If one is committed, like Socrates, to the questions that climb to an eternal, mysterious, Real, to the Great Dance as portrayed by Lewis in Perelandra; if one is committed to that humble, rational receptivity towards a God that cannot, as Lewis says of Aslan, be tamed and domesticated and fit inside the human mind, then how does one view the Catholic Church from the outside?

The view from the outside of the Church, as I know from my own experience as a convert, is quite different from the one inside. It is a mystery–it is Augustine’s “I believe to understand, I understand to believe” paradox. A lack of faith and understanding can mis-perceive a bunch of mindless sheep saying formulaic prayers and worshiping statues of those who have swallowed the kool-aid successfully in the past. Catholics, and Catholic dogma, can appear to build a prison for the questioner, a place where questions about God and theology are suspect just because they are questions. The outsider asks—because there is perhaps an unquestioned, dogma-like supposition that the Church is, like other churches one knows, a man-made institution—how can these Christians live within this image, and aren’t they lost to the mysterious that cannot be contained in a human institution, in human tradition?

Then there is a liminal moment, God-given, when one sees a glimpse of what an institution that has a Divine Spirit looks like, is like, like Orual in Lewis’ ‘Til We Have Faces sees Psyche’s castle “Tower upon tower, battlements, beauty”—one suddenly sees that almost unbearable tension, that simultaneously humble and overwhelmingly powerful, engulfing and creative love between Christ and His Church, that tension living between the human, fallible images and the Divine Reality; it is a continuing of the Incarnation. It is beyond sight, beyond reason, an image of truth that breaks in from the outside and shatters all others. I saw it simply, in one simple and profound moment, one image: the Eucharist residing in a crypt chapel underneath a Catholic church in Annapolis. I was given, literally on the doorstep, a liminal view—but absolutely clear—of the Hidden Christ in the foundations of the Church. It was the physical presence of Christ I’d looked for all my life, and I knew He was there, the way you simply know another person is in the room. My inner heart saw all at once, and said, in my real, true voice, “If Christ is here then this must be His Church.” It was a sight I did not need to wrestle with, though it produced, of course, a thousand other wrestlings.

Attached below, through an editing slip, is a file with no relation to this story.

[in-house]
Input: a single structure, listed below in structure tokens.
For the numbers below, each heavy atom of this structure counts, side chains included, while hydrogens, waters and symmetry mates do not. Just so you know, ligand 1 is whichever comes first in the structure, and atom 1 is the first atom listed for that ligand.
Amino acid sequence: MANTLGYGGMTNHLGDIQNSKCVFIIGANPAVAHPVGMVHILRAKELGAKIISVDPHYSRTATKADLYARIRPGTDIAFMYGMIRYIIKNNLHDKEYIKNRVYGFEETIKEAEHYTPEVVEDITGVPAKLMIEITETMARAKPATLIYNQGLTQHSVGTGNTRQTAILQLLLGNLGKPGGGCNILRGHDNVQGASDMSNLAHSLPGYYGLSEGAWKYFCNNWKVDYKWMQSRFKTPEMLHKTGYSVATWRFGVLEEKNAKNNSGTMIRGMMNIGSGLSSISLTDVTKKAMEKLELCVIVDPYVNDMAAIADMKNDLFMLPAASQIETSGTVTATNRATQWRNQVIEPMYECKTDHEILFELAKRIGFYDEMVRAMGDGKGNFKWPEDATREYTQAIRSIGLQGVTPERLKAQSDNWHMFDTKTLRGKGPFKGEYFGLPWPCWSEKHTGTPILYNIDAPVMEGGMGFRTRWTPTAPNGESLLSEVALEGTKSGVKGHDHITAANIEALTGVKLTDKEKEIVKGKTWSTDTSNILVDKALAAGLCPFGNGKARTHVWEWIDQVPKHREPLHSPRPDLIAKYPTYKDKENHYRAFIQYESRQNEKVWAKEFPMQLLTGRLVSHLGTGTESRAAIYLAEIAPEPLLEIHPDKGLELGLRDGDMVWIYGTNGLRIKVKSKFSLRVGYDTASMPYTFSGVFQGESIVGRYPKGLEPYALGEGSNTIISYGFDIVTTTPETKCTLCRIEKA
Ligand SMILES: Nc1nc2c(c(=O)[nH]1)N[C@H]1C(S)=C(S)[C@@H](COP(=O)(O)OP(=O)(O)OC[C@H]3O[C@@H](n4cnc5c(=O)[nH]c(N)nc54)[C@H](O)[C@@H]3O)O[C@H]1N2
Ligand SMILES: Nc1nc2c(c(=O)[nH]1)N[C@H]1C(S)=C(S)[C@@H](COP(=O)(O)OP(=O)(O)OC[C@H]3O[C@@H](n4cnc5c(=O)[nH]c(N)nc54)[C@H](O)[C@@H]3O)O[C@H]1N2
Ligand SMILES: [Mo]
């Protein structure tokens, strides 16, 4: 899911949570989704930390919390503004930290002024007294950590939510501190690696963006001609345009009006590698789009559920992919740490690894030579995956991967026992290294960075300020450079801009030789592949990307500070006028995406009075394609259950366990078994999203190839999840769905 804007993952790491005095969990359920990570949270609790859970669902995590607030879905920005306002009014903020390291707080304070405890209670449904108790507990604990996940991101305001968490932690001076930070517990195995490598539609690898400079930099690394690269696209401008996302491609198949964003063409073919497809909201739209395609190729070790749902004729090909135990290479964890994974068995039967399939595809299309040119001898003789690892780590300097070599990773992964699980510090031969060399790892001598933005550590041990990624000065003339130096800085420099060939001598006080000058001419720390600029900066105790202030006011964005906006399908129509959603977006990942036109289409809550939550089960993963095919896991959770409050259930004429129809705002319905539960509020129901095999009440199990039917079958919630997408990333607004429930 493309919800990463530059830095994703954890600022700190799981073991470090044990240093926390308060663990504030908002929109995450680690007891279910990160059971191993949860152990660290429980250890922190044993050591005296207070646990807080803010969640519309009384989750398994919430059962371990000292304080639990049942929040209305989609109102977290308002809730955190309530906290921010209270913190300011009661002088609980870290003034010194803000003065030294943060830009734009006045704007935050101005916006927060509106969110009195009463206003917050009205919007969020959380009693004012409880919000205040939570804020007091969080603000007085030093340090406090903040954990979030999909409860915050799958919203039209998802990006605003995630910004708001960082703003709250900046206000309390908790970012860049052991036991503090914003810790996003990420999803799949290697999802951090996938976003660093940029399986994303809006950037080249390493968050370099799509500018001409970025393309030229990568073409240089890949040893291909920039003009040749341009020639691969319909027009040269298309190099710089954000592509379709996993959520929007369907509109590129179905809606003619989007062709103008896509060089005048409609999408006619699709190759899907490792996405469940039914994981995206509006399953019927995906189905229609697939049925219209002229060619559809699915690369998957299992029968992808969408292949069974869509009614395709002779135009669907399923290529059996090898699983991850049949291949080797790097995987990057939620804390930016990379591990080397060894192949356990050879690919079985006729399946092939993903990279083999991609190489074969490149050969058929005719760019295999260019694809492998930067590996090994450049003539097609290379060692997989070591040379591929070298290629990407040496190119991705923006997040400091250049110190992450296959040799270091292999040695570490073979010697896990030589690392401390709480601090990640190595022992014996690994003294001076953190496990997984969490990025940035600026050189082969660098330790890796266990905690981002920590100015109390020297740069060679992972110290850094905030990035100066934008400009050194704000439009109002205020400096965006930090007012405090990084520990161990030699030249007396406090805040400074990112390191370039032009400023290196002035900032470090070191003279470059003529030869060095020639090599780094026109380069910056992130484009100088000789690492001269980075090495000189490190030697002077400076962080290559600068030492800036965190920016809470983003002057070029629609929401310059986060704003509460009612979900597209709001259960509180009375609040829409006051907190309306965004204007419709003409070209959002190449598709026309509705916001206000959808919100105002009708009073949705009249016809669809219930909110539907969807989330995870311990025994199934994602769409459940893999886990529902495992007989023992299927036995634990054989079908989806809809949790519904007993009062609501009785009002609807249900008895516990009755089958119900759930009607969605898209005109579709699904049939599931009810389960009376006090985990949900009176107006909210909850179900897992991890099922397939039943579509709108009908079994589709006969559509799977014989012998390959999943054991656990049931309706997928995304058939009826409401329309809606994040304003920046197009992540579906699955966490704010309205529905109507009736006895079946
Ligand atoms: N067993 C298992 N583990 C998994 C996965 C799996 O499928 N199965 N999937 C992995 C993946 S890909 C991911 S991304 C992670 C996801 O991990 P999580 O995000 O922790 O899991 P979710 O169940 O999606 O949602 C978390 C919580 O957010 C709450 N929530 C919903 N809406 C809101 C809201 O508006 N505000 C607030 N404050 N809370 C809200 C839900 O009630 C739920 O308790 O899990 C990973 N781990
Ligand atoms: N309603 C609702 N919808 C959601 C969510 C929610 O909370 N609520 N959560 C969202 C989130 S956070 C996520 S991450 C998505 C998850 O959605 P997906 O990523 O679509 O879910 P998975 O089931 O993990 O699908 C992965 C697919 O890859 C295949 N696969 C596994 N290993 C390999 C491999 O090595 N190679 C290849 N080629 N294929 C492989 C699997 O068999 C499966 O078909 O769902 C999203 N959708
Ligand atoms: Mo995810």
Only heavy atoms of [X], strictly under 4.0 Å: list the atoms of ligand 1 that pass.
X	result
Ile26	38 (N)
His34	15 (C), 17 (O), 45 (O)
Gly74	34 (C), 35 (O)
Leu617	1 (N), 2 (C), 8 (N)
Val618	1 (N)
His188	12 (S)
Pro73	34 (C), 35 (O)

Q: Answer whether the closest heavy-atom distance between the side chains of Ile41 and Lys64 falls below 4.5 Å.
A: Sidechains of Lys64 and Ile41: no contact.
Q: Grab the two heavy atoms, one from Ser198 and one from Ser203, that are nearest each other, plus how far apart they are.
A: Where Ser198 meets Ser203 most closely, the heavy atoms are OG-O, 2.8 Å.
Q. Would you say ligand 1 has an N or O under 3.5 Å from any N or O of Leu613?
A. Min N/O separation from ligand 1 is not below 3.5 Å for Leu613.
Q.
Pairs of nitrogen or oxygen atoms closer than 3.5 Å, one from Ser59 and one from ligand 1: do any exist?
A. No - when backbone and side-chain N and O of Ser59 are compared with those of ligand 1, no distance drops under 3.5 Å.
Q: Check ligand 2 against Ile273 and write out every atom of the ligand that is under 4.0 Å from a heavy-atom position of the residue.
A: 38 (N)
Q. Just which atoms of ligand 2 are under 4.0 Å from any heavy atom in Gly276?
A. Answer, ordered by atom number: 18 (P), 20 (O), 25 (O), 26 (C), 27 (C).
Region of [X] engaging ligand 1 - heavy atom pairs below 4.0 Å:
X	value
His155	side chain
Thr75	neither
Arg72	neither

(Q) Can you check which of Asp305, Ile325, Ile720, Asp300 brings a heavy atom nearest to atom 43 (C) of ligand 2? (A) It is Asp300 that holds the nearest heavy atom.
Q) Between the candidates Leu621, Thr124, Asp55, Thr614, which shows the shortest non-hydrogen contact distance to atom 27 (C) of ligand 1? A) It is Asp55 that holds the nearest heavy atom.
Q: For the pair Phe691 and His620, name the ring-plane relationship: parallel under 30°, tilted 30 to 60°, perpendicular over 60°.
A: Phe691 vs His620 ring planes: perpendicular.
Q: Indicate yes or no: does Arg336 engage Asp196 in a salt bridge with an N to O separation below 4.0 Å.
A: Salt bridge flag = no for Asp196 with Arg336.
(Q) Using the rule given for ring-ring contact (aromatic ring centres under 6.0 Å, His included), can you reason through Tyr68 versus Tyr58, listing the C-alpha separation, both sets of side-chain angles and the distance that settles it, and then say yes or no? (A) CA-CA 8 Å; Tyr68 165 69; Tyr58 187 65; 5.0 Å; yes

Yet, there are Catholics, individuals, who live in fear of questions, thus seeming to confirm the false image of the Church; there are also Catholics who live in awe of God and their own God-given permission to seek, and so can live the balance. These are rarer—but let it never be said that individual Catholics are the sum of the Church. We are more like patients in a hospital.

Perhaps, and this is only a “supposition” open to questions, Lewis was—as I was in many areas—taught in his modern, Protestant academic culture to see only a flat image of the Church, one which pandered its own competing image and was calcified against a culture of valid questioning and development. Nothing could be farther from the truth, but perhaps even Lewis was caught within an image without recognizing it as a false, formative model. It is hard, as a modern, to know the right questions to ask, to know when all questions fall silent in the presence of absolute Truth, of Revelation.

Yet, the Lord asks us to walk this road, abandoned more and more to Divine Providence; he asks us, as Thomas Merton cried out, to supernaturally hope against worldly hope that our simple desire to please Him, to find him, means that He will find us and walk with us and teach us, as Our Lord taught the disciples along the roads and shores of Palestine, and at the foot of the Cross, the right questions, the right prayers, the humility necessary. It is, truly, the reality of His strength made perfect in our weakness, and the weapon-out-of-weakness to defeat the lies.

And as I believe Lewis tried to do as best he could, we must model it in the present maelstrom, especially those of us already within the Church.

The Imaginative Conservative applies the principle of appreciation to the discussion of culture and politics—we approach dialogue with magnanimity rather than with mere civility. Will you help us remain a refreshing oasis in the increasingly contentious arena of modern discourse? Please consider donating now.


Knight, Gareth. The Magical World of the Inklings. Cheltenham: Skylight Press, 2010.

Lewis, C.S. The Discarded Image. Cambridge: Cambridge University Press, 1964.

All comments are moderated and must be civil, concise, and constructive to the conversation. Comments that are critical of an essay may be approved, but comments containing ad hominem criticism of the author will not be published. Also, comments containing web links or block quotations are unlikely to be approved. Keep in mind that essays represent the opinions of the authors and do not necessarily reflect the views of The Imaginative Conservative or its editor or publisher.

Leave a Comment
Print Friendly, PDF & Email